By April Guilbault
Hope, optimism, great ideas and action.
That was the name of the game two and a half weeks ago at the Green Market Exhibition panel discussion entitled “Farm and Food Innovators: Building Sustainable Food Systems and Community Food Security”. Held at the City Hall Annex in Bridgeport, the Exposition was well-attended by green businesses, community leaders and the public.
Four esteemed panelists were brought together to tackle the questions of how we can produce and distribute enough food to feed the people of our communities, our state and ultimately, the planet. The kicker and preference, of course, being that the food be healthy, nutritious, and sustainably grown food.
The panelists were Kevin Mullins, Executive Director of the non-profit organization Community Plates, Farah Masani, a sustainable farmer based in Wilton, CT, Tyler Cote, managing partner of Cote’s Naturals, and Andrea Angera, Jr., a farmer and advocate for local agriculture. Although they each focus on something different, there is a common thread running betwixt and between…staying local and growing. Growing better produce, growing better people, growing better communities.
This can happen in a variety of ways, as our panelists explained. One way is by utilizing what is already out there and present. Kevin Mullins shows us by the one million pounds of food that his organization, Community Plates, has redistributed since their start in May of 2011. Surplus food (still good, still usable) from local restaurants, stores and farms are quickly and efficiently transported to local shelters, food banks, and soup kitchens where they are met with hungry stomachs and open arms. Considering that between 25-40% of the food our country produces is thrown away, the act of transferring it to those that are “food insecure” is a logical and necessary act. That food, had it not been rescued, would simply have gone into a landfill or dump instead of into mouths that need it. A prime example of using what we already have to greater measure. Found gold.
Another way to accomplish this is by using existing land, as Farah Masani tells us. Do you have extra space on your property? Do we really need to fill those spaces with yet more manicured shrubs and landscaping? Put in a garden! “It’s really all about education…so let’s learn!”, Farah enthusiastically proclaims. Whether it’s beginning a garden or learning to extend the life of your summer vegetables into the winter (canning anyone?), a bit of knowledge is really all you need. Start small and watch it grow (not much space is ultimately needed to produce food for a family) and what could begin as a small plot in your yard could fuel neighbors to do the same. Before you know it, the neighborhood is feeding itself, kids are learning where their food comes from and everyone is eating healthier.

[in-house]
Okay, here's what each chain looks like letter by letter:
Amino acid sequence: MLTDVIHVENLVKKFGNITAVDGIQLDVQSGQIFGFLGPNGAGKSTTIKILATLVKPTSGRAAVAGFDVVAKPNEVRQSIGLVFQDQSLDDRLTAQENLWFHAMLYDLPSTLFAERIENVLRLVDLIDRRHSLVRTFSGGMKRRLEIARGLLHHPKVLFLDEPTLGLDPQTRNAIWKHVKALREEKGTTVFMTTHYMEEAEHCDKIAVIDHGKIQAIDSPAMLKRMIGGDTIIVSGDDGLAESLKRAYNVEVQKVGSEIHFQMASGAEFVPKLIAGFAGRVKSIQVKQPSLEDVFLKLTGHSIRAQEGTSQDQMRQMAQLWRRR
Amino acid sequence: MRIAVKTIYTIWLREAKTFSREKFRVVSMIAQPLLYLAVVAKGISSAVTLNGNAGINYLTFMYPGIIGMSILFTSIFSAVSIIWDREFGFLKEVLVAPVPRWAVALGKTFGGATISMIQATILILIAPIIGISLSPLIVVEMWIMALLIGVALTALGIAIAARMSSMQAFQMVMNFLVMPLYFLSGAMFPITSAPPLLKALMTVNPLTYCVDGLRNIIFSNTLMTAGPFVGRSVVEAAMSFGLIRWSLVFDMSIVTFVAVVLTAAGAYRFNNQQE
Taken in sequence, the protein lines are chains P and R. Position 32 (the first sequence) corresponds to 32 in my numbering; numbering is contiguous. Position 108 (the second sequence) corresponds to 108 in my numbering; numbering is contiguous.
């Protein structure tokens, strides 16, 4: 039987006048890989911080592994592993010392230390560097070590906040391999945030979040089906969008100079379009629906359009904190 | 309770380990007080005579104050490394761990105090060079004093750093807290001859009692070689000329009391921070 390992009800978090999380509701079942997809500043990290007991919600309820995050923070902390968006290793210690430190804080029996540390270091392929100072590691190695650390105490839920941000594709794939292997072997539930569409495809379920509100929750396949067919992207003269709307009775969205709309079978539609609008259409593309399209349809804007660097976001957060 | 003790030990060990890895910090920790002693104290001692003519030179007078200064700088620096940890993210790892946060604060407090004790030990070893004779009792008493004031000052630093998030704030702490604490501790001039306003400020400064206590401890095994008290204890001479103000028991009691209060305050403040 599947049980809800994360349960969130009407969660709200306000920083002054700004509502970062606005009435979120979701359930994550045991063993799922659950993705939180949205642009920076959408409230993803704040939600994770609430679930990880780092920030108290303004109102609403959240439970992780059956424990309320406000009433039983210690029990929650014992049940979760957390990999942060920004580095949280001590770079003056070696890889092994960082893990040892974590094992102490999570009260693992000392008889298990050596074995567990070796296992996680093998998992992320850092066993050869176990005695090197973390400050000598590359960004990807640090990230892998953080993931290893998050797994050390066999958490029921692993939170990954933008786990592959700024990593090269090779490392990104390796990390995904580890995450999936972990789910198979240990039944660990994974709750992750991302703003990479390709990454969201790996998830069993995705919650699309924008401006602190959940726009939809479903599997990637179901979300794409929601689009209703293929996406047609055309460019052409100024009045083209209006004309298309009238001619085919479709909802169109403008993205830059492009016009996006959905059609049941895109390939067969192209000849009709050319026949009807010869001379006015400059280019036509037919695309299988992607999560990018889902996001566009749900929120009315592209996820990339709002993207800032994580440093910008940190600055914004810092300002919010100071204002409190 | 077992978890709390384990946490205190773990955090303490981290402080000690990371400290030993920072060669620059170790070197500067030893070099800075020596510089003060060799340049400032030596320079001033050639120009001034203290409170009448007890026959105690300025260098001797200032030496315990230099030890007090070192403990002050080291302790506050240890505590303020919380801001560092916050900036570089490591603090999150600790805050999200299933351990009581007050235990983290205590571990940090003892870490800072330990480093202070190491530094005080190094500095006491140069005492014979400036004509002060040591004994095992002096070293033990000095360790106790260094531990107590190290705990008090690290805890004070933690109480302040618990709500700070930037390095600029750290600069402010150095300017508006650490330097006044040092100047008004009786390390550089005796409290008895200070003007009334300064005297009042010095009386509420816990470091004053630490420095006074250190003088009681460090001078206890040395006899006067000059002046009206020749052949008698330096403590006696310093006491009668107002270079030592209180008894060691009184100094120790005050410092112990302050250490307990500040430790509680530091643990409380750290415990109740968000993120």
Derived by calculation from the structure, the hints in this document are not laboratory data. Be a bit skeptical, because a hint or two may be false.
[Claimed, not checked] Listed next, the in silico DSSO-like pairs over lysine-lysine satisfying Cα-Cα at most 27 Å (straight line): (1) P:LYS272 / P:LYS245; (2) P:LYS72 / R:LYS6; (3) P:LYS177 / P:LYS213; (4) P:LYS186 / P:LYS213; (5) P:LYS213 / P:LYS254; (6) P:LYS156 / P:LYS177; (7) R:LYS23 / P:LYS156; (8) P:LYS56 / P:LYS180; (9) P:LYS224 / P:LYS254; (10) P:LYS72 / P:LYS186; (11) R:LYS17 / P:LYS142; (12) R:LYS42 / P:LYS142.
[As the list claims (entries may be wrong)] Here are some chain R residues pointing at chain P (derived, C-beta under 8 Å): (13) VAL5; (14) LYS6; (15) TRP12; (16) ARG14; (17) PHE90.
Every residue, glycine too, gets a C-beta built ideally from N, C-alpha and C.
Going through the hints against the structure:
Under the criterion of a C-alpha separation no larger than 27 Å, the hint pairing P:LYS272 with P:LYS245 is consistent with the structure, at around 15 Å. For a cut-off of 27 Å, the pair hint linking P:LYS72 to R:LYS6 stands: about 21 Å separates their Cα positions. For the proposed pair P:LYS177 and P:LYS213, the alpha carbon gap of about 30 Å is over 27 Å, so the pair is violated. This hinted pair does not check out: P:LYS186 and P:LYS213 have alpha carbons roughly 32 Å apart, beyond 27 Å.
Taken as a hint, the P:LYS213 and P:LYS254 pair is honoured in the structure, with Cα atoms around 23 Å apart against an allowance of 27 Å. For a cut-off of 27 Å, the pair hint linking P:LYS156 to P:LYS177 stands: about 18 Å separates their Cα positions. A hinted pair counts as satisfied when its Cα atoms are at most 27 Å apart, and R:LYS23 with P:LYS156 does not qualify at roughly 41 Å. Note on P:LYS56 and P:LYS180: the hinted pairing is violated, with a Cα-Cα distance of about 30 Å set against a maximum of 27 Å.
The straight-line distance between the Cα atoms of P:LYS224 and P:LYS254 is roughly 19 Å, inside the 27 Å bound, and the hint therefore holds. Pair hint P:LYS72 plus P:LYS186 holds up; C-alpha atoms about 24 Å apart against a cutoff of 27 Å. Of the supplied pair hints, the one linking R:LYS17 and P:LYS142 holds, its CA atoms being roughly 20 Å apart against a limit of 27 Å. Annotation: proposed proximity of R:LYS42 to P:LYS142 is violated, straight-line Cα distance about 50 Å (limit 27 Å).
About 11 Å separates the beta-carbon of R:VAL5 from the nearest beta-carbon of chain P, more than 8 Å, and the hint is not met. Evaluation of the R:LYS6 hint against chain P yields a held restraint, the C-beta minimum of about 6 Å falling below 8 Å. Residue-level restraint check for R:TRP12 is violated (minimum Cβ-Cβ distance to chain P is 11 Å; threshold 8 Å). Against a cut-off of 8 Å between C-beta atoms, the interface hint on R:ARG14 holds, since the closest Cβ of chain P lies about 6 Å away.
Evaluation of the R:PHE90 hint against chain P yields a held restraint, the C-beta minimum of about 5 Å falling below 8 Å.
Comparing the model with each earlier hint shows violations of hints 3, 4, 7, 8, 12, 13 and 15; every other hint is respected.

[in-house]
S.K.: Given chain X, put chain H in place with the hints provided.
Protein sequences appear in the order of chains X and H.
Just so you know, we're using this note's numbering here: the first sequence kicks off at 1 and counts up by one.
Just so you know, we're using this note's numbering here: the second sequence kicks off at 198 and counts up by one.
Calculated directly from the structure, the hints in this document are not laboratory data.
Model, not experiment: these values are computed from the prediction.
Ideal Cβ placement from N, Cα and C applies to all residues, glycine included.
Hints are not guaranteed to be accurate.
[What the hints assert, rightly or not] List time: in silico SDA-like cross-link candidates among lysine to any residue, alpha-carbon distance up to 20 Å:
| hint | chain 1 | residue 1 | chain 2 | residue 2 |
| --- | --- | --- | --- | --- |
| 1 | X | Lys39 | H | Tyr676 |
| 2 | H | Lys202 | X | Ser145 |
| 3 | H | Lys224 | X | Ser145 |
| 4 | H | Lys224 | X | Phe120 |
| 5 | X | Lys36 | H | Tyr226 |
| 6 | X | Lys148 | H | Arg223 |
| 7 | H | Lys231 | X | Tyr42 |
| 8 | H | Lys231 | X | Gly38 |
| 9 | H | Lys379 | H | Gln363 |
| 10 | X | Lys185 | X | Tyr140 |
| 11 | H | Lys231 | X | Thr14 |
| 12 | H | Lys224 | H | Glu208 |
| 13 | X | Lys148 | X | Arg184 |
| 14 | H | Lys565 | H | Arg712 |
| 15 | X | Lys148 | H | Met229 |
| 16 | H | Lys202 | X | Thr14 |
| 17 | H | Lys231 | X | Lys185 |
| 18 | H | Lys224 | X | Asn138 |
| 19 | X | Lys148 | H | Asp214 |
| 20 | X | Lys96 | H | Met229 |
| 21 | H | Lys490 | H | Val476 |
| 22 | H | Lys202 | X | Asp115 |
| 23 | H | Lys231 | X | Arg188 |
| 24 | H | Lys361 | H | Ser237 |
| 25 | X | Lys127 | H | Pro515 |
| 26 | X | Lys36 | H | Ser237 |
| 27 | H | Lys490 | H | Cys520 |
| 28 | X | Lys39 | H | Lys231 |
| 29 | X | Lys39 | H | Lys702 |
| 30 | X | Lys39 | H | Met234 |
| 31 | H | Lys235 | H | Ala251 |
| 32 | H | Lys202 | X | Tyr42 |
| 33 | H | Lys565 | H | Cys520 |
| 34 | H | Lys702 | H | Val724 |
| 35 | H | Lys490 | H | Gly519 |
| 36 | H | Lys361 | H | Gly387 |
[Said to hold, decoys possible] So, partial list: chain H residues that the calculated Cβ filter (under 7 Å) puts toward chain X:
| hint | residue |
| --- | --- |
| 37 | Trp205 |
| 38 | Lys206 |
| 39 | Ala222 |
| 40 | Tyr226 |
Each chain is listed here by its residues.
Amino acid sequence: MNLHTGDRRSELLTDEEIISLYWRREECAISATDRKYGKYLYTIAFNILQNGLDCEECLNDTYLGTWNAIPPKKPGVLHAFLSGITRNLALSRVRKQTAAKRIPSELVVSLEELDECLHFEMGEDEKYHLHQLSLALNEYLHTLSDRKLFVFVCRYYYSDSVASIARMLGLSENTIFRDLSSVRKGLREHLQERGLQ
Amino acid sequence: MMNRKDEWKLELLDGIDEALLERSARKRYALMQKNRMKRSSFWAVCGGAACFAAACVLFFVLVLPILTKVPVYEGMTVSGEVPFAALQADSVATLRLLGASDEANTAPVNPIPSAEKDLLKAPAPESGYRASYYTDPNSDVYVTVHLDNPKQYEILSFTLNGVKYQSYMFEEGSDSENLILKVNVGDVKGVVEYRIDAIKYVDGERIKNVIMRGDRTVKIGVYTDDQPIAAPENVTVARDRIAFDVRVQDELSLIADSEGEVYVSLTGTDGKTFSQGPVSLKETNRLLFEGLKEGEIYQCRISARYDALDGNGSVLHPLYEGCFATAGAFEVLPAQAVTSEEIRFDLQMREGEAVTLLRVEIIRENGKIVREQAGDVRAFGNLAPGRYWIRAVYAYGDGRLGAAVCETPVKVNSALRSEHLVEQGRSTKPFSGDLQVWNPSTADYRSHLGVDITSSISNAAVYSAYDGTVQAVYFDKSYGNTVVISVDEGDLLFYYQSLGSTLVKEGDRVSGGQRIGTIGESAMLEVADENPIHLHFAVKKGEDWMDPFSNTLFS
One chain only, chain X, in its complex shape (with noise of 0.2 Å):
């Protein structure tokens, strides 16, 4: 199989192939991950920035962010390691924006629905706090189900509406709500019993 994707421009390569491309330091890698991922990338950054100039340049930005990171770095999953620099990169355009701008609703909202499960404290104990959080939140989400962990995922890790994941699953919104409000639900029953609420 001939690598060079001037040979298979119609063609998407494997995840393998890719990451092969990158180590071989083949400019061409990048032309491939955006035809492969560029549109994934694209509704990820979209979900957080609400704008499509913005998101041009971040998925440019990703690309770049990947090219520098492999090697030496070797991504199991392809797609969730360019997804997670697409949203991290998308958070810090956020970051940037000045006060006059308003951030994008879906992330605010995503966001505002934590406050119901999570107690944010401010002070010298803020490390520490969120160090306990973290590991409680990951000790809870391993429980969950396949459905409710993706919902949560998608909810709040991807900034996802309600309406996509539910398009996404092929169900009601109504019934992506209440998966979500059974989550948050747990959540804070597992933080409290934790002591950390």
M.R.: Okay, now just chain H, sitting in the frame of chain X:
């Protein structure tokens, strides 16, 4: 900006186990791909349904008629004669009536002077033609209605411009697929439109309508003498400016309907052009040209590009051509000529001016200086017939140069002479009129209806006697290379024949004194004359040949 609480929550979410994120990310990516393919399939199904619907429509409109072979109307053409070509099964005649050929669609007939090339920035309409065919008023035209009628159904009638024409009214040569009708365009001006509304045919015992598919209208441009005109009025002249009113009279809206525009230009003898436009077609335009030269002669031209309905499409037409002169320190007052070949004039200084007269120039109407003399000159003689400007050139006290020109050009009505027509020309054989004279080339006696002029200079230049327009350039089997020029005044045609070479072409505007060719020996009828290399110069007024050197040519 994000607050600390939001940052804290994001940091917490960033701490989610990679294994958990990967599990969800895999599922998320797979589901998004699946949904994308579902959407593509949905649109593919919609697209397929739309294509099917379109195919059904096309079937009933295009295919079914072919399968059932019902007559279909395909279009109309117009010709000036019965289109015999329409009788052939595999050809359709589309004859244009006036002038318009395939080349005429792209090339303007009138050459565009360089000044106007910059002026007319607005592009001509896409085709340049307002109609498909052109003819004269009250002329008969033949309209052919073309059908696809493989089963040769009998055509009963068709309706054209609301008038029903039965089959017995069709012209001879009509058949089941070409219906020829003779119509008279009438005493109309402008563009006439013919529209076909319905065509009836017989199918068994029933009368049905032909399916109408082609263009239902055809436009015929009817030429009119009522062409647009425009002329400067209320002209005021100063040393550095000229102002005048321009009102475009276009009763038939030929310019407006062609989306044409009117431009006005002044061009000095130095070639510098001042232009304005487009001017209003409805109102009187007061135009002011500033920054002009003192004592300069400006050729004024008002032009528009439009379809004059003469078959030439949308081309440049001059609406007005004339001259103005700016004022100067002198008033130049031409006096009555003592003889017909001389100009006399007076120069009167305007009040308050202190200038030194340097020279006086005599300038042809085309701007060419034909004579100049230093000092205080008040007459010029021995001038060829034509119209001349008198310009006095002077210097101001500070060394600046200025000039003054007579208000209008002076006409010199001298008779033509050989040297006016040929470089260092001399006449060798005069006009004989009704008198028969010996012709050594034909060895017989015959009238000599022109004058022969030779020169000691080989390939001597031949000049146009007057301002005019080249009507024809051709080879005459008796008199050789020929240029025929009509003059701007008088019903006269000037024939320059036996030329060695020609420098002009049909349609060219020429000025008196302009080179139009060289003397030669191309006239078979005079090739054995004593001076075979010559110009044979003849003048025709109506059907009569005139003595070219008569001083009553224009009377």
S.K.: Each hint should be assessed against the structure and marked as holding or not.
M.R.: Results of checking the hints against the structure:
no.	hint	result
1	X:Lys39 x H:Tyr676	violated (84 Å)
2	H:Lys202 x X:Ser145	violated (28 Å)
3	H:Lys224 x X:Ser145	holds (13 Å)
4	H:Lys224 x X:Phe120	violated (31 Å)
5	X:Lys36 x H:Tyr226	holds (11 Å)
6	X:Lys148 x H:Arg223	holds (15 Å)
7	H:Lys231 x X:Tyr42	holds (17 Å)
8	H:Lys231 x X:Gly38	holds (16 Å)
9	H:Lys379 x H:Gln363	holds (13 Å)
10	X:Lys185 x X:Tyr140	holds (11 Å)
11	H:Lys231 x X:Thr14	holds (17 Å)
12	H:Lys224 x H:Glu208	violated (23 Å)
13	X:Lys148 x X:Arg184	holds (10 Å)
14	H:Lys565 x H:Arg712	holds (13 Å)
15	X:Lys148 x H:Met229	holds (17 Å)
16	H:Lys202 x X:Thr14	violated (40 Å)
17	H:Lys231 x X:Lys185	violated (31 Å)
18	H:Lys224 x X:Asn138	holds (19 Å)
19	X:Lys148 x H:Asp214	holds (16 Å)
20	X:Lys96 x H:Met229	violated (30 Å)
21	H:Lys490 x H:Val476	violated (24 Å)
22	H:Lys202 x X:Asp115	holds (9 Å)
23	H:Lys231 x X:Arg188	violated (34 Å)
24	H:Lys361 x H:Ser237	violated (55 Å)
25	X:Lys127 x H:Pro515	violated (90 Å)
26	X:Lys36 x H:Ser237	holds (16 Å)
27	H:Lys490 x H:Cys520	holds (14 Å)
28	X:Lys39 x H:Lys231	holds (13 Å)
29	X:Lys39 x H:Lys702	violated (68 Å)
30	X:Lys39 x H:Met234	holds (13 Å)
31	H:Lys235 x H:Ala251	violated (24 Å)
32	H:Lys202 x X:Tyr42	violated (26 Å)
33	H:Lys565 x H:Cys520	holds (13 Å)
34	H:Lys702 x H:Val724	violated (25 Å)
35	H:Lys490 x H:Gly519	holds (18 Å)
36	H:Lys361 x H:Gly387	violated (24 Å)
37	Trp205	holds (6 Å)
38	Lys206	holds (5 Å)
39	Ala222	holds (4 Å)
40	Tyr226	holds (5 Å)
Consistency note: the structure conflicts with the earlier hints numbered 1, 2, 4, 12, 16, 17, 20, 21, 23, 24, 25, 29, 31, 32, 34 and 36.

Farah illustrated her point that small steps can easily lead to bigger ones,with a basket of elephant garlic that she brought in to share with the audience. Each person was given one large, beautiful bulb. As Farah explained, a single clove planted now will produce one whole bulb by next summer. One bulb reproduces easily into about ten. A magnificent domino effect.
Tyler Cote, of Cote’s Naturals, is also on a mission to create within existing spaces, albeit urban spaces. The mantra of “knowing where your food comes from” can become a reality and highly accessible via the creativity of aquaponics. Aquaponics is a soil-less farming method that combines aquaponics and hygroponics, removing the need for farmland. Connecticut is the “orphan child of the growing seasons” as Tyler points out, in that we cannot grow outdoors year round to great and varied yields. Farmers here need to be smart about what they grow and how they grow it. This led Tyler to establish his aquaponics company in a large warehouse. With proper lighting and water usage, the amount and variety of foods produced in urban areas can grow abundantly. There is no need for pest control and there are fewer risk factors, such as weather issues (Hello, Sandy). Tyler also, like the other panelists, is convinced that yes, we can have enough fresh, healthy food to feed people…we just need to be creative with how it’s grown and we need to support those farmers and organizations that are exploring new options.
The fourth panelist was Andrea Angera, Jr., a farmer and heavy advocate for local agriculture. Andrea began by discussing how the food that we eat really is “defined by the means of distribution” and how you buy your food dictates what quality of food you are ultimately consuming. If you are buying much of your food at big box stores, that food has already traveled quite a distance to get to you and has lots nutrients with each passing mile. Probably picked in a underripe stage, then stored, then transported, then shelved…it can be weeks old by the time you are putting it on your plate. A simpler, healthier answer? Shop as locally as you can. The farmer in the next town just picked those cucumbers this morning and by the afternoon, they are in your salad-so much nicer, right? And much more nutritious. Andrea also spoke about supporting technology. Instead of giant agribusinesses using countless finite resources and monies to produce processed foods, high fructose corn syrup and other undesirables, wouldn’t it be great if that technology could be used to support the growth of nutrient-rich, healthy food? In short, support your local farmers and support how they are trying to grow (literally and figuratively) and in the end, we all will eat and live better.
All-in-all, the consensus was that we do, as a community, have the wherewithal to produce our own food and get food to many mouths. Creativity and ingenuity are key! Eating with the seasons and shopping locally, as well as exploring new options for farming and growth are stepping stones to a better way of life.